Cornelian cherry (Cornus mas) fruit

    Cornelian cherry (Cornus mas) is actually a dogwood, despite its common name.  A must for the urban edible garden, this multi-stemmed small tree is also essential for winter display, thanks to its clusters of acid-yellow flowers that precede those of forsythia.  The cranberry-like fruits ripen in summer, and make for excellent preserves (they’re also good right off the tree).

    Look also for the closely related but rarely offered Japanese Cornel dogwood (Cornus officinalis), which tends to bloom slightly earlier and often has pleasingly mottled bark.  Both species are native to East Asia.  15 to 20 feet tall.  Full sun to light shade; USDA zones 5 to 8; somewhat salt-tolerant.

    American smoke tree, (Cotinus obovatus) has hazy, summer-borne seedheads that are not as showy as those of the much more common European smoke tree. But, the Southeast US native amply compensates with its smoldering fall color and scaly, silvery bark.  Typically multi-stemmed and round-headed, it’s sometimes sold as a single-trunked specimen.  The widely available cultivar ‘Grace’ – a hybrid with European smoke tree – offers equally spectacular fall color but a rather unruly habit.  25 feet tall.  Full sun to light shade; USDA zones 5 to 9.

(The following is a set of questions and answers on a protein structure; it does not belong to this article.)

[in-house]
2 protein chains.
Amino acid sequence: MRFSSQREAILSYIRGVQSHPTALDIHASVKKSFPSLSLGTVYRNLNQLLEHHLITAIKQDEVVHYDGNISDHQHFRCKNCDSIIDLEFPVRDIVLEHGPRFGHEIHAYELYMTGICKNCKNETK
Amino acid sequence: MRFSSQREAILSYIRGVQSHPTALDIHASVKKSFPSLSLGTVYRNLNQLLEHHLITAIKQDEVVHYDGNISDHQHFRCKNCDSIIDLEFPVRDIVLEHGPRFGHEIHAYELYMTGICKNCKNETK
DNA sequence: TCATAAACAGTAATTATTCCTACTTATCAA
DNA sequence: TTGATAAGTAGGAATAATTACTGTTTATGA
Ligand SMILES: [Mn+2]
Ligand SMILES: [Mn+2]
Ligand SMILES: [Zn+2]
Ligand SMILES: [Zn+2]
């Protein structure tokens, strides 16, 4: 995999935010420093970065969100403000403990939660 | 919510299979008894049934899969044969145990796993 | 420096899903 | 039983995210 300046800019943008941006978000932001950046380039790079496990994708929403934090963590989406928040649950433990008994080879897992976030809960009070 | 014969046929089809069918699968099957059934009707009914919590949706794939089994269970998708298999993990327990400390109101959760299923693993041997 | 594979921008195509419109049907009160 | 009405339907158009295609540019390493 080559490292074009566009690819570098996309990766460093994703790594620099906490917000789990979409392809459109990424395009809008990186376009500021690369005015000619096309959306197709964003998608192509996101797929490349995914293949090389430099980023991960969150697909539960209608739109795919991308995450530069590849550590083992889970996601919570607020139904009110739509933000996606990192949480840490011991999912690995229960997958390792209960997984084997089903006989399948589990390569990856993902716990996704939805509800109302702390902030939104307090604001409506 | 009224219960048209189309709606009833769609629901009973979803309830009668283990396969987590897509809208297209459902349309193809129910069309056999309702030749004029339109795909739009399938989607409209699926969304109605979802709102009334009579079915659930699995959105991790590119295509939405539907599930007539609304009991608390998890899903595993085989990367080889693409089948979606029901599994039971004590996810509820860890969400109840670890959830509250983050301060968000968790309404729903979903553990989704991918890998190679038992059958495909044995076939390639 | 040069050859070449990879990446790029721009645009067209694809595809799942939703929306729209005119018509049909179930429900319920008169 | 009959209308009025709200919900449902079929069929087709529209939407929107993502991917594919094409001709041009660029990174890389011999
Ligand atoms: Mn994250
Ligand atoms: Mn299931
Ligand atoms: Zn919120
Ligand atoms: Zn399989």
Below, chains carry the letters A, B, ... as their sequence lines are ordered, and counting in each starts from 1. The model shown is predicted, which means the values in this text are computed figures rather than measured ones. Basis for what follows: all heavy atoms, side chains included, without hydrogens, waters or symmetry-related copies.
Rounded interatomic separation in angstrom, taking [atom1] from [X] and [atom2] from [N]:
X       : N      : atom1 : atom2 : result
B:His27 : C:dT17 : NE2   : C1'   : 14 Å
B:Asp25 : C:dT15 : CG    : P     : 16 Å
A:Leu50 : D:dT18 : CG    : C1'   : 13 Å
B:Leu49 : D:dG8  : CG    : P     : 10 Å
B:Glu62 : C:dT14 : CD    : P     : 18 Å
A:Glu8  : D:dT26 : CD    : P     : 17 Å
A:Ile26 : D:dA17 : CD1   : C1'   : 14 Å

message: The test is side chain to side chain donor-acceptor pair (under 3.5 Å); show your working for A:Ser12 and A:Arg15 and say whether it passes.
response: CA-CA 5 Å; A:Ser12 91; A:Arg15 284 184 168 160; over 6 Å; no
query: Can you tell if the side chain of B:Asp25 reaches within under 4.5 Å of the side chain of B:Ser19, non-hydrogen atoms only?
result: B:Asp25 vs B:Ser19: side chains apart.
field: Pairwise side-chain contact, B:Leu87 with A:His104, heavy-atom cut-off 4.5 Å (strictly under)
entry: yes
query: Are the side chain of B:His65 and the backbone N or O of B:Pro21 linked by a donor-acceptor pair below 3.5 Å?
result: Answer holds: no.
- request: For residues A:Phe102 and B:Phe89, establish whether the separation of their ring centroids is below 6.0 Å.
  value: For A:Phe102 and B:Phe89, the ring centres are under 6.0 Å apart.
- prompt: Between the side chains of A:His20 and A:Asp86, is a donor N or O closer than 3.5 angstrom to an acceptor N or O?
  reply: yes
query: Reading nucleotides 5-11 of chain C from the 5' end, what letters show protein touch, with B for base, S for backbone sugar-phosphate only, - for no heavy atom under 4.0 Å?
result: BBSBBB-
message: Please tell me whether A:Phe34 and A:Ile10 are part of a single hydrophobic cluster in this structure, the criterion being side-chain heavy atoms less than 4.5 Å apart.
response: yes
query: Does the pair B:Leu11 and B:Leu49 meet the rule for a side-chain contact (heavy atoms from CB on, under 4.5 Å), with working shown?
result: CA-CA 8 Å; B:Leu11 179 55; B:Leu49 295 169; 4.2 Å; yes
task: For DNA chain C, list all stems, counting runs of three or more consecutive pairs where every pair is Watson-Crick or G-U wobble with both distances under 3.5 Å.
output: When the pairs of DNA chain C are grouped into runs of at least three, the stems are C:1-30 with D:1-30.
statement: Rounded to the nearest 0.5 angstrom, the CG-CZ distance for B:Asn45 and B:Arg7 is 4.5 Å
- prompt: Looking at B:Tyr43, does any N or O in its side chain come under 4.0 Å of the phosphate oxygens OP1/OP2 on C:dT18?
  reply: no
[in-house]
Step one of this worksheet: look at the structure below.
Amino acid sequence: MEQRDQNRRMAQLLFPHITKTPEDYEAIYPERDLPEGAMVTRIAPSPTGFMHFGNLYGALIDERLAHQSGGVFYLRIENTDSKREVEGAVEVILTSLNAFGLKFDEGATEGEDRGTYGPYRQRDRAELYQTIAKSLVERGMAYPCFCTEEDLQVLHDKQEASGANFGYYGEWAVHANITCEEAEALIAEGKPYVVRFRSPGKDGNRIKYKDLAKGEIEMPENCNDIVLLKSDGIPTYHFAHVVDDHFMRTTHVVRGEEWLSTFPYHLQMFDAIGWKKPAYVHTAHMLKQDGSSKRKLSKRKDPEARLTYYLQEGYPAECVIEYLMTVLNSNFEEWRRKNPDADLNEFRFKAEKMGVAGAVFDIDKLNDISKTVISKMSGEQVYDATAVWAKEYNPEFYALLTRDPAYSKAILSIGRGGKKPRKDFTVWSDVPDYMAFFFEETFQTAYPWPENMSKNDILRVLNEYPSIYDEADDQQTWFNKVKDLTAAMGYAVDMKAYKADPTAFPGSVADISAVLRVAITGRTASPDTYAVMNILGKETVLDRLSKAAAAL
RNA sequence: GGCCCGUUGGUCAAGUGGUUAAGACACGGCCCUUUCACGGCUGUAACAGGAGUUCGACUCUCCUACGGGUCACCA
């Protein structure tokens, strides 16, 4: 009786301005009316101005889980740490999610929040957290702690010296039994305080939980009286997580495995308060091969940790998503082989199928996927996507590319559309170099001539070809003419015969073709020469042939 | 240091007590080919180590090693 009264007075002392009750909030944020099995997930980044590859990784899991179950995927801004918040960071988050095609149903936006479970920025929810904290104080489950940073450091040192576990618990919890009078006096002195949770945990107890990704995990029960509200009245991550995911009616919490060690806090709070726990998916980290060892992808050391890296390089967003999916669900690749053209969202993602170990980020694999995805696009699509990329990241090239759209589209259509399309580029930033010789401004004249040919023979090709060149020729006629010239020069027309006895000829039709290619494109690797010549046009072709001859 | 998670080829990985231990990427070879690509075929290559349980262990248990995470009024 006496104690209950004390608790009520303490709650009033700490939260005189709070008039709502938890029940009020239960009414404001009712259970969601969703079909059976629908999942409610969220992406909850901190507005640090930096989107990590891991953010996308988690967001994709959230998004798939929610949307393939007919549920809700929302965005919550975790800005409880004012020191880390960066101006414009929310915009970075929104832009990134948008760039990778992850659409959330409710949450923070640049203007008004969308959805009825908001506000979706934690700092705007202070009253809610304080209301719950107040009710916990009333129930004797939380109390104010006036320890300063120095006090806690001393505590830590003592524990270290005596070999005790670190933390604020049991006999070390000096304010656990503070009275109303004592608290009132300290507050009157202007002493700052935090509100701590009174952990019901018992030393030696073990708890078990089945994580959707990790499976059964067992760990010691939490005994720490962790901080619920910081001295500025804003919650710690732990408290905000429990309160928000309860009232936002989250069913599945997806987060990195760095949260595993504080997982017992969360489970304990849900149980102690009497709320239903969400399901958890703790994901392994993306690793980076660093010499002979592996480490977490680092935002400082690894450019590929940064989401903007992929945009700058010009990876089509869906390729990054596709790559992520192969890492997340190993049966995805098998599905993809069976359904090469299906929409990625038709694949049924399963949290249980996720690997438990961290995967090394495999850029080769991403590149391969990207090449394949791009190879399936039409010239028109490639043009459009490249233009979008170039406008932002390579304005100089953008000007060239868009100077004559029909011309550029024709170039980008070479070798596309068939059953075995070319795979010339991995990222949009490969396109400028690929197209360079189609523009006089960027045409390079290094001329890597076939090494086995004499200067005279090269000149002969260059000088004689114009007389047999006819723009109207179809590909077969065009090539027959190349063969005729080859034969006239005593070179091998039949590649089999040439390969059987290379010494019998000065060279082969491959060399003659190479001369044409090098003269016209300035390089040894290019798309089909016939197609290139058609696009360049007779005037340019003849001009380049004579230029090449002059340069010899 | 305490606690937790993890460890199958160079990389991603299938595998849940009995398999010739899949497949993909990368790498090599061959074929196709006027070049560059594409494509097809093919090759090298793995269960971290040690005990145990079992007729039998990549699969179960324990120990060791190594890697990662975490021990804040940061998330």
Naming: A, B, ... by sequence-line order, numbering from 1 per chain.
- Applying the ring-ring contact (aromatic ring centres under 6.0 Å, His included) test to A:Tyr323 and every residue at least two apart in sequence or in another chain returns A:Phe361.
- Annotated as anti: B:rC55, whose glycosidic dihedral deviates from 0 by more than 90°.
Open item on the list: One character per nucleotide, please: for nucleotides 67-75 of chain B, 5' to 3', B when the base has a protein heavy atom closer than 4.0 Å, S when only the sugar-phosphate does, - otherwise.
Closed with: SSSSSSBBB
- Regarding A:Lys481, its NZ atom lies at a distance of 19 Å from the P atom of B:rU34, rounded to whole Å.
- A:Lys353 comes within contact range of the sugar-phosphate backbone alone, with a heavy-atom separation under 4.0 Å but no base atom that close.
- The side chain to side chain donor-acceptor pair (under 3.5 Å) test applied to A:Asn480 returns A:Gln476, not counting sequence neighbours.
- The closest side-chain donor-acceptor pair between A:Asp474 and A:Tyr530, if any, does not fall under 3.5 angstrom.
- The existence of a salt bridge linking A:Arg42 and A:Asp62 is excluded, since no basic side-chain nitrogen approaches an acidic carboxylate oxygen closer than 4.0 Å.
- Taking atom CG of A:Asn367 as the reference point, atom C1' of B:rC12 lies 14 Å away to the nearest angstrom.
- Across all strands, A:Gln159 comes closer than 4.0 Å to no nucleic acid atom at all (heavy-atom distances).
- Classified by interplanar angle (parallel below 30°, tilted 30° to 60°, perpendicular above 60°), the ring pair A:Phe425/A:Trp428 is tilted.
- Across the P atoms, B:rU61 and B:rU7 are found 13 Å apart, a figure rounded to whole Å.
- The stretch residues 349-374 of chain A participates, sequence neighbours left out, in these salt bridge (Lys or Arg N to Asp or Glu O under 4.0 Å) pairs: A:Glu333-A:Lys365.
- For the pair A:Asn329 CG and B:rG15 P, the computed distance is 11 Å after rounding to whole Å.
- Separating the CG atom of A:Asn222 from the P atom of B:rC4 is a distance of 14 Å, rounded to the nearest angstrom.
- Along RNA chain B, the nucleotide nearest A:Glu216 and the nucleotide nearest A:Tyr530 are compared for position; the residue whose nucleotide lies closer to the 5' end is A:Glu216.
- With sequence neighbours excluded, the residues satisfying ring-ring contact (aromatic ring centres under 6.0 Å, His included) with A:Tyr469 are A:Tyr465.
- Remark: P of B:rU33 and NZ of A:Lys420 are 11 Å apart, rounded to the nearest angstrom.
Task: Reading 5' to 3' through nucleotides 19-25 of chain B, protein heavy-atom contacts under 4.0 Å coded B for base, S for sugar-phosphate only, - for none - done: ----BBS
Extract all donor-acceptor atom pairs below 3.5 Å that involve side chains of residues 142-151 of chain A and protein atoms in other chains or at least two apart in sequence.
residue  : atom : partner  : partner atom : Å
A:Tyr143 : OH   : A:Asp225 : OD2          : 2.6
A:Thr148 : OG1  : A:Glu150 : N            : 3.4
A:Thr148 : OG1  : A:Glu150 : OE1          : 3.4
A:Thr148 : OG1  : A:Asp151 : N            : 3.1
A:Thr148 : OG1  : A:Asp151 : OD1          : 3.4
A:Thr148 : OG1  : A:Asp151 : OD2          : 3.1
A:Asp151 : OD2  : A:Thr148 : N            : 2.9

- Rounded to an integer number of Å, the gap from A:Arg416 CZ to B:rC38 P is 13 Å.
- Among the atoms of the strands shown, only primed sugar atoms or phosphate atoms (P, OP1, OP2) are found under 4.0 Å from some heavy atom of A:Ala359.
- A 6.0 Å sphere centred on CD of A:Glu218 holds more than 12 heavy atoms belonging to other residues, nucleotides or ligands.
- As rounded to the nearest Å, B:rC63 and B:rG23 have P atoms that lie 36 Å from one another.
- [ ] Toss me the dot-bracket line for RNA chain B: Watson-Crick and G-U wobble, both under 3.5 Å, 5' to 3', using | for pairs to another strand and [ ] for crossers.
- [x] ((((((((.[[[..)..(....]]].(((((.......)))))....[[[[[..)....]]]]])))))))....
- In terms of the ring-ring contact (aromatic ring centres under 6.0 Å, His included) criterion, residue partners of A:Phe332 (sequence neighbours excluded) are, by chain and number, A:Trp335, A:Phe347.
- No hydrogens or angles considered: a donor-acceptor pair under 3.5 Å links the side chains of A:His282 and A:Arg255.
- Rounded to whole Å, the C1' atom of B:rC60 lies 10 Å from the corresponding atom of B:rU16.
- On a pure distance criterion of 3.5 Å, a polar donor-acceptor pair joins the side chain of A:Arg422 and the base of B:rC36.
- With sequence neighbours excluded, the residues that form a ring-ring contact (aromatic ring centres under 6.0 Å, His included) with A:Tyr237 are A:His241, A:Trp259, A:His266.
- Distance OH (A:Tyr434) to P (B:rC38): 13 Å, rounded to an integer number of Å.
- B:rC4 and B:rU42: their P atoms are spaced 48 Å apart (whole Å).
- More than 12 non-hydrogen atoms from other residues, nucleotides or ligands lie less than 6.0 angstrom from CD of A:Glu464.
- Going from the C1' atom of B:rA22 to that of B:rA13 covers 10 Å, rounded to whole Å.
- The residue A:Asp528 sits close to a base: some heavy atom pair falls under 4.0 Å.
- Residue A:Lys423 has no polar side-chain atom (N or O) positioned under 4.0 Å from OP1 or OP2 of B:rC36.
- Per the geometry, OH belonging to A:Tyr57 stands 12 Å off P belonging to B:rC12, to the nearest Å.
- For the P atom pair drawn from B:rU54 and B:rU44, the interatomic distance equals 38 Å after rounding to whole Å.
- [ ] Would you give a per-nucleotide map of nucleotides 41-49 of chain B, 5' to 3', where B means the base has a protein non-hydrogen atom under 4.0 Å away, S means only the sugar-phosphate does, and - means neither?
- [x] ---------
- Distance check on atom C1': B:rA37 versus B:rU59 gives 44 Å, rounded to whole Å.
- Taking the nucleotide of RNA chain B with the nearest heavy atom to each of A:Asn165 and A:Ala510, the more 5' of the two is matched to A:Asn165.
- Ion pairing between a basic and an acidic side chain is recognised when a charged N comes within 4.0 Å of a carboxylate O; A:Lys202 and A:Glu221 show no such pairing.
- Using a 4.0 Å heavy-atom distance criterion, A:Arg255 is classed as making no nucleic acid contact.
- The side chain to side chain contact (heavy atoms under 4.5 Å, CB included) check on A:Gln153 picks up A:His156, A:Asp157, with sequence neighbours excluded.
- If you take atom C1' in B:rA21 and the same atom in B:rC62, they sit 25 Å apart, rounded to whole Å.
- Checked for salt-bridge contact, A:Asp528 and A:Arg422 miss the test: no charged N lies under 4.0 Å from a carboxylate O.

Osage orange (Maclura pomifera) fruits do not exist on new all-male varieties.

    Osage orange (Maclura pomifera) is literally as tough as nails (just try hammering a nail into its rock-hard, close-grained wood), but it has never found a place in cultivated landscapes because of its spiny branches and large, messy, knobbly fruits.   Thankfully, that’s all changing with the recent introduction of several lightly armed male cultivars (including ‘White Shield’ and ‘Wichita’).  Now you can have Osage orange’s gleaming dark-green foliage and ironclad constitution without subjecting passersby to concussive fruits and clothes-rending spines.  These cultivars grow quite rapidly to 30 feet or so.  Sun to light shade; USDA zones 5 to 9; relatively salt-tolerant.